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I want to have an application or service that is running that, on some schedule, can disable access to the internet for all applications except for specific ones.

I'm trying to create a filter that can be turned on or off under programmatic control. Not just IP addresses and ports, but I want to be able to block specific applications as well, much like Zone Alarm and other software firewalls let you block.

For example, iexplore.exe, skype.exe, firefox.exe, aim.exe. But still need to allow other applications to connect as needed.

It has to work on Vista as well as XP, but I kind of expect that the method will be different on each of those platforms.

Basically, the filter has to tie the network communication back to the executable that is making the request and then allow or deny it.


On Vista at least, it looks like I want to use filters in the ALE layers of the WFP.

On XP, I'm still looking for the best way to do it. Do I really need to be writing device drivers and dealing with kernel stuff? I'm just a lowly application developer. Kill me now.

Update 2:

Currently looking at the PfCreateInterface and related Pf* API's for pre-Vista systems.

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6 Answers 6

You can change both Vista and XP's firewall policies dynamically using the INetFwAuthorizedApplications interface from the Windows Firewall API.

Also see this question.

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You'll have to write a device driver that filters traffic based on the executable requesting the traffic.

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by limiting its access to internet using firewall. go to firewall setting advanced tab (win 7) and do that

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I'm not sure, but I think you'd need to do it by getting the program to run as a user that has limited permissions, the question is, can you make a user account that stops such things?

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It has to run in limited and administrator accounts in Windows. I'm not trying to prevent all applications from executing. I just want the attempt to access the internet by the application to fail (ie, drop the packets or refuse the connection) –  MarkS Jan 8 '09 at 5:41
A single application can be run as a different user than the currently logged in user. –  Jesse Pepper Jan 8 '09 at 5:44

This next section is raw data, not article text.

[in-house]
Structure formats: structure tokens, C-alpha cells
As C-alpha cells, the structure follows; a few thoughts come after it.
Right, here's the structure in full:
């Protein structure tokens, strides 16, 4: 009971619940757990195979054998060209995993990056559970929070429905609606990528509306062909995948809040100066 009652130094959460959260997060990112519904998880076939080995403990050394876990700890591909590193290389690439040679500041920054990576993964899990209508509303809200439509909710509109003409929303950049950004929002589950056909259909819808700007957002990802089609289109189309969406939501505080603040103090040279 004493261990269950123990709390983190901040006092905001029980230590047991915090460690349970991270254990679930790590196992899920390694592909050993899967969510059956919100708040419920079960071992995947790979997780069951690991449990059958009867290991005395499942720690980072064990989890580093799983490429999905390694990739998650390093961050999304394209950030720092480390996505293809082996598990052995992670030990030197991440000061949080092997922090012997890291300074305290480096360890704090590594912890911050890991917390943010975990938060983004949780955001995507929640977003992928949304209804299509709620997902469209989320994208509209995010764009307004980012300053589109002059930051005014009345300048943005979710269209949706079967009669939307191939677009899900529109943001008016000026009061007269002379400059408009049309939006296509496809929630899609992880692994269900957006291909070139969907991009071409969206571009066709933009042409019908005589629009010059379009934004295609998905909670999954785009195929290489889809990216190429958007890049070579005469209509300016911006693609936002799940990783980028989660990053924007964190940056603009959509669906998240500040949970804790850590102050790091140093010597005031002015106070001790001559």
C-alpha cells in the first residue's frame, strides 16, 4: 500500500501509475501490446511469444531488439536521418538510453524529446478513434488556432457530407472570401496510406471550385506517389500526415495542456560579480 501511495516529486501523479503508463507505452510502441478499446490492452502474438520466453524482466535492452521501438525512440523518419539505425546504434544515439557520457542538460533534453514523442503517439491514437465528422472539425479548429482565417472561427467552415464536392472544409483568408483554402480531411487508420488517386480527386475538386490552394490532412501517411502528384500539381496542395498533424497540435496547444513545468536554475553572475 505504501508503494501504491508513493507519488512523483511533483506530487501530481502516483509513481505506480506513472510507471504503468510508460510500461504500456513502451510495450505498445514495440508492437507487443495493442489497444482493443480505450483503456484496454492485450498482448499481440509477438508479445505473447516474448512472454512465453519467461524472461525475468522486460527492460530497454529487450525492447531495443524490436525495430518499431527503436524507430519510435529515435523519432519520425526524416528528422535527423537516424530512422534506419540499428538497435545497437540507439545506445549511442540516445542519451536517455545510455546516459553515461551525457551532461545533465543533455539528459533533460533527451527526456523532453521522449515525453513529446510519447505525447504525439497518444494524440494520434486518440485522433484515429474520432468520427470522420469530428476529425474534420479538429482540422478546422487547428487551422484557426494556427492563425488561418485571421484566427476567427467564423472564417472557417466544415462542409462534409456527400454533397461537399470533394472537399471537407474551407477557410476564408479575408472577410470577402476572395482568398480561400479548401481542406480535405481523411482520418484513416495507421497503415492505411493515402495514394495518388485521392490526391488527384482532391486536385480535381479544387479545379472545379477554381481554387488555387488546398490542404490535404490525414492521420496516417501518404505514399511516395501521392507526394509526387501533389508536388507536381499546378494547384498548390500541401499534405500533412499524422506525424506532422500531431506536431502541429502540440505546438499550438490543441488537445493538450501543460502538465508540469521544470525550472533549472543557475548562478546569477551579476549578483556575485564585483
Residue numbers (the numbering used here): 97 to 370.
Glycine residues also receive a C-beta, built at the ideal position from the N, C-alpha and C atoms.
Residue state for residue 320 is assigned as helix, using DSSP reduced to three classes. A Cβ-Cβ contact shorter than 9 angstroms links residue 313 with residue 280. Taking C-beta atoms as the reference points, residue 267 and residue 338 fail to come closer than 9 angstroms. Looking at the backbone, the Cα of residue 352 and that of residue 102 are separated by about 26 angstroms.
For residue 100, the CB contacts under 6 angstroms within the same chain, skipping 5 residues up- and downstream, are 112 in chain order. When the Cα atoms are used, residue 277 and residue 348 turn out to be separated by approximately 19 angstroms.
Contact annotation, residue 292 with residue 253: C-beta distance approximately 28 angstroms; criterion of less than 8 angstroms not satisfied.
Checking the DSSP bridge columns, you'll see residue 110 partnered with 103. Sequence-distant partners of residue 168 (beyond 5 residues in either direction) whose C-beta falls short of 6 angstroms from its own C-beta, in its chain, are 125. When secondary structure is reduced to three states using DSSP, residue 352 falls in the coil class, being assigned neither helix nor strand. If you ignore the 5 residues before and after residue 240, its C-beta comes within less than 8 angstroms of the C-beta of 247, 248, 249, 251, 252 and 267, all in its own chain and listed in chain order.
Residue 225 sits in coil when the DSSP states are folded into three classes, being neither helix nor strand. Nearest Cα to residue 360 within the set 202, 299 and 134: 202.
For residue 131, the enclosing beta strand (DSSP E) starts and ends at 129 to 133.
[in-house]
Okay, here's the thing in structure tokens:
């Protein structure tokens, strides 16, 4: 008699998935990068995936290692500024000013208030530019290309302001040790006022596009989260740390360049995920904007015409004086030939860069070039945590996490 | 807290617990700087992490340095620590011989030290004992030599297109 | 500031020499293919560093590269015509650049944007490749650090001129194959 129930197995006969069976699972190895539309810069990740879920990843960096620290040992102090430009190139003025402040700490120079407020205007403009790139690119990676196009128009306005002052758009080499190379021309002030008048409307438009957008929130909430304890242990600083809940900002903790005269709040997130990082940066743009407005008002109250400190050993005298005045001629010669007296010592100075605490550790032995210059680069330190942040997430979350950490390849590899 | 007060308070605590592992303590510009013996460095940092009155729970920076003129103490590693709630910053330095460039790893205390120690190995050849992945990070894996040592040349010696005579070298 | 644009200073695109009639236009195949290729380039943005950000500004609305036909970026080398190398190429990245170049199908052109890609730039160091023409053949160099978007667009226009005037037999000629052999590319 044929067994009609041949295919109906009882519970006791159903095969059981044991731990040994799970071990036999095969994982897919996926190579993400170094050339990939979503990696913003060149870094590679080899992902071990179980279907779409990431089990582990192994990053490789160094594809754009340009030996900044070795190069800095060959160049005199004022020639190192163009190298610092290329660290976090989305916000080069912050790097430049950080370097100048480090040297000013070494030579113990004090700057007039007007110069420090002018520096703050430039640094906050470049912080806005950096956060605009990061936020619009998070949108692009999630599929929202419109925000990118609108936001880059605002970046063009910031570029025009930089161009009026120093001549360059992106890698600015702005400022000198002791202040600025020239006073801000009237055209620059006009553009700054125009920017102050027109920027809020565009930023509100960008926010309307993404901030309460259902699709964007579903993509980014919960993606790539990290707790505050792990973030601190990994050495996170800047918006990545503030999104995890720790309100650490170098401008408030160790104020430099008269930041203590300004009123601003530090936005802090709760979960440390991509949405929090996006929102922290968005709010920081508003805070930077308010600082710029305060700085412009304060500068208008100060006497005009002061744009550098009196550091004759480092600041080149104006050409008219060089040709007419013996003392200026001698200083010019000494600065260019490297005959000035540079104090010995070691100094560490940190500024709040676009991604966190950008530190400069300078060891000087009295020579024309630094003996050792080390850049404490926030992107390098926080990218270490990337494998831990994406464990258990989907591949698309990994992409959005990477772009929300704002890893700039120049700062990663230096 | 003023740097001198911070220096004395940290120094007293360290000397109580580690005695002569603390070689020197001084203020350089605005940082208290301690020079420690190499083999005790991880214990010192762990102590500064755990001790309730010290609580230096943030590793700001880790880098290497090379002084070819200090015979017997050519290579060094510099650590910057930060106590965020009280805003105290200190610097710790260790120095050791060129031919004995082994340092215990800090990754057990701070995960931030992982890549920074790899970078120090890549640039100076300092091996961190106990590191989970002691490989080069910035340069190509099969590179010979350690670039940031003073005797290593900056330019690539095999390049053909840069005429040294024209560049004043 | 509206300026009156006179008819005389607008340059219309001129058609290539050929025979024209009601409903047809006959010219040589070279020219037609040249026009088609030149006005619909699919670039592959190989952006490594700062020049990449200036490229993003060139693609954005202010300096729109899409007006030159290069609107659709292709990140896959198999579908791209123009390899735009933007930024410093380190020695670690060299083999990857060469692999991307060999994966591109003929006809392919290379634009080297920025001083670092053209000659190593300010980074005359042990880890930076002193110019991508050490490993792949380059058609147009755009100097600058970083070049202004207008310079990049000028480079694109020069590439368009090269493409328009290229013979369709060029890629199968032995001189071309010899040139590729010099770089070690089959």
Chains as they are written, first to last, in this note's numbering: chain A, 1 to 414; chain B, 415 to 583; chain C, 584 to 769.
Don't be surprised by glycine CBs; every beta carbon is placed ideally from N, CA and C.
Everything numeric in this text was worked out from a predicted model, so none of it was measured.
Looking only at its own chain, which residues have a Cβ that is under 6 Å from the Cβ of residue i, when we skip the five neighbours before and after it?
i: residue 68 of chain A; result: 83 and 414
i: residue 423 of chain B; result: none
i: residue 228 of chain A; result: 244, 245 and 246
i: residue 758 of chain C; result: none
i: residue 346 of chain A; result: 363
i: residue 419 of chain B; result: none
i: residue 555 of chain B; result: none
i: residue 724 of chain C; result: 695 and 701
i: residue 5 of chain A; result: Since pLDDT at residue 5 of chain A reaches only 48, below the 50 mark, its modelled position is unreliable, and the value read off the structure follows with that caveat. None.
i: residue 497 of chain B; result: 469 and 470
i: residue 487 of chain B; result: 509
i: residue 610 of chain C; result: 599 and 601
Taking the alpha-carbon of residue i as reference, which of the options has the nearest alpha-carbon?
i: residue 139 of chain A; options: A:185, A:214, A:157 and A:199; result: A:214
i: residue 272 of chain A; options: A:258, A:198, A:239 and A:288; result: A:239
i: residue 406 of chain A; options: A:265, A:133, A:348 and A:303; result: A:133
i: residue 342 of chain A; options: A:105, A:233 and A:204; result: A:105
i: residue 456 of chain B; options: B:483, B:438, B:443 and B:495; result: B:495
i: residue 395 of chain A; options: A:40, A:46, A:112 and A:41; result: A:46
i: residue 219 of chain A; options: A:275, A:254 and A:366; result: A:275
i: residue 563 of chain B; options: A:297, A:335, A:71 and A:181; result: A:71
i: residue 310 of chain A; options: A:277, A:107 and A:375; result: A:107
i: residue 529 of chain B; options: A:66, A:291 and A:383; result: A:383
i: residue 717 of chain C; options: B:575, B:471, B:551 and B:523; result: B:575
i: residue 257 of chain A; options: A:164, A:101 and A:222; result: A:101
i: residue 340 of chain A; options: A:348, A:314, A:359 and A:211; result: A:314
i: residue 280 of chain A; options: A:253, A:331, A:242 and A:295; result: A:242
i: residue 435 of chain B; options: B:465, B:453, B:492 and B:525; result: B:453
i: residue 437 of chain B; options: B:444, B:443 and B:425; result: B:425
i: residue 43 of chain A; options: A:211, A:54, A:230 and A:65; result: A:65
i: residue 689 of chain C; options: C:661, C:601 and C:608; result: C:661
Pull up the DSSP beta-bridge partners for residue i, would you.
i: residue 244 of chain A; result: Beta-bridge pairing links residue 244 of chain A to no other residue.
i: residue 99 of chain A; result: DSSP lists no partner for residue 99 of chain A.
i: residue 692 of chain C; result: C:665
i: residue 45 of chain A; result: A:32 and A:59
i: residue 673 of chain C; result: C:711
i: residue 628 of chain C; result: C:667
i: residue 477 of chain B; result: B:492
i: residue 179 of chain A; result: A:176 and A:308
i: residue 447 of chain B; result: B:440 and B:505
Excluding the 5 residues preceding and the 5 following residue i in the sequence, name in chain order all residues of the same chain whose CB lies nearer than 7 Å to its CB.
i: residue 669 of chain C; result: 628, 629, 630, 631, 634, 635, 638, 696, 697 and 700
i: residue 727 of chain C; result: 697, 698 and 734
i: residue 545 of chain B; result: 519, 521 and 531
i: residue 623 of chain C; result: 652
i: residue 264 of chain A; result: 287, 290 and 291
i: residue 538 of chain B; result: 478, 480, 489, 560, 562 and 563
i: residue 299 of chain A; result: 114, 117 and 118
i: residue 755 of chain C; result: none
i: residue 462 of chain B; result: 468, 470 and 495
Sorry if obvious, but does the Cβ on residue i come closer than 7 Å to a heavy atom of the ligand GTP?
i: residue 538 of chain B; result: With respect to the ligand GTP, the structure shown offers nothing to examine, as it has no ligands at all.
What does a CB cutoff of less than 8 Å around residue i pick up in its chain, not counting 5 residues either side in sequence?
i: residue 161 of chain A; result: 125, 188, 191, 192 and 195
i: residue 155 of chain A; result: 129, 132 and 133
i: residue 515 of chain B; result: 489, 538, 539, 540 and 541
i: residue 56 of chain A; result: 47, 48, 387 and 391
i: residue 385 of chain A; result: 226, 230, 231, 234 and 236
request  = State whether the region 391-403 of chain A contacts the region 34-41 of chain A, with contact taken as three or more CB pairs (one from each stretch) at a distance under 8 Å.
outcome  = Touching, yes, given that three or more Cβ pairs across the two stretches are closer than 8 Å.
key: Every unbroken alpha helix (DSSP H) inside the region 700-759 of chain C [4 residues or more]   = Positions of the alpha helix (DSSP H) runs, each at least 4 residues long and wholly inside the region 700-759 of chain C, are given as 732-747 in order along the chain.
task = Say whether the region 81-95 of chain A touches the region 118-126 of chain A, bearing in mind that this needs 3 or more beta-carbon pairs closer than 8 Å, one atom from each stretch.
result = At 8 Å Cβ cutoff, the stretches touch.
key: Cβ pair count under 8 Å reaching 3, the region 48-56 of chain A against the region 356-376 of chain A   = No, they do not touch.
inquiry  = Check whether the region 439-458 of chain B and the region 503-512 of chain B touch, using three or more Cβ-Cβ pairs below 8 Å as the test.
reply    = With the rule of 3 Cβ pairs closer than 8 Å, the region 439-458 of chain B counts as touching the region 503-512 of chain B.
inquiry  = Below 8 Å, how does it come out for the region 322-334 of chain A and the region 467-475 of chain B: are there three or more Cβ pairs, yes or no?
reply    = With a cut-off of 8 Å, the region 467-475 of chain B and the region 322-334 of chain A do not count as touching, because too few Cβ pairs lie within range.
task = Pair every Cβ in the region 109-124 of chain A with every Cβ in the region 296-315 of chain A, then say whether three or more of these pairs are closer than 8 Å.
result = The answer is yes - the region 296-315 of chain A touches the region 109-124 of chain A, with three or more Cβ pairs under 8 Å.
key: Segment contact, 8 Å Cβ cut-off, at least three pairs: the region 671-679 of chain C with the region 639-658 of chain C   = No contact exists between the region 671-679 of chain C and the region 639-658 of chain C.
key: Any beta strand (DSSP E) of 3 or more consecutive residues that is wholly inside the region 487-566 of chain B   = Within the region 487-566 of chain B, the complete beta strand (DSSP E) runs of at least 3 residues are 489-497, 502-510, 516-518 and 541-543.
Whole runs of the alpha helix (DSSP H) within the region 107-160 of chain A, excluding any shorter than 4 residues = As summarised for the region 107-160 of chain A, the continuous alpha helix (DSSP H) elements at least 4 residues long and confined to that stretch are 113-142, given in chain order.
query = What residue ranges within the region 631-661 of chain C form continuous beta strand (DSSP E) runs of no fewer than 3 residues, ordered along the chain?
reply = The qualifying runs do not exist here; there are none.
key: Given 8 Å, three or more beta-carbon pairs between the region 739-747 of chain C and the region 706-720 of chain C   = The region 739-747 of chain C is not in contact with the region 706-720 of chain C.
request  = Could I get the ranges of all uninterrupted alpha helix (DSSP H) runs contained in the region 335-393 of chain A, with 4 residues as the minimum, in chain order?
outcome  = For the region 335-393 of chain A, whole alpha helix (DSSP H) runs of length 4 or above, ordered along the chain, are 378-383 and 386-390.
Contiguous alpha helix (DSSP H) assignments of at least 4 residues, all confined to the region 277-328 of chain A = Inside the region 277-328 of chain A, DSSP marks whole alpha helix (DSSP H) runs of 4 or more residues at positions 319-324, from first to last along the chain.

... that is, if you know the programs that you're talking about, you can put the executables somewhere where the normal user doesn't have access to them, and then provide access to each locked-down application only through a shortcut that run's it as the locked-down user. –  Jesse Pepper Jan 8 '09 at 5:46
I appreciate the suggestions. But I can't move apps around creating shortcuts, etc. "my app" will be installed on machines where it won't even know what apps will be trying to access the internet. Firefox could be up, with access now, but at 8pm, it no longer has access. Next http request blocked. –  MarkS Jan 8 '09 at 5:58

You'll need to redirect all (or at least many) calls to the WinSock API functions of any running program to your own replacement functions. That means getting into the memory of each running program and hijacking those functions, which is an... interesting... exercise. :-)

That might be enough of a pointer to get you started, or at least to suggest some more specific questions to ask.

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Could you move aside (ie rename) the system's winsock DLL and replace it with your own ? Yours should provide the same API, but check the the process name of incoming requests... return an error code to blocked applications and forward the calls from allowed apps onto the real DLL.

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Nice idea, but since Windows 2000, the OS has code to prevent that kind of thing, so malware can't replace system files. It could also cause problems with upgrades. –  Head Geek Jan 9 '09 at 19:32
Not to mention, if this was a good way to do it, then what's to stop another app from installing their version of winsock and essentially disabling mine. –  MarkS Jan 20 '09 at 2:46

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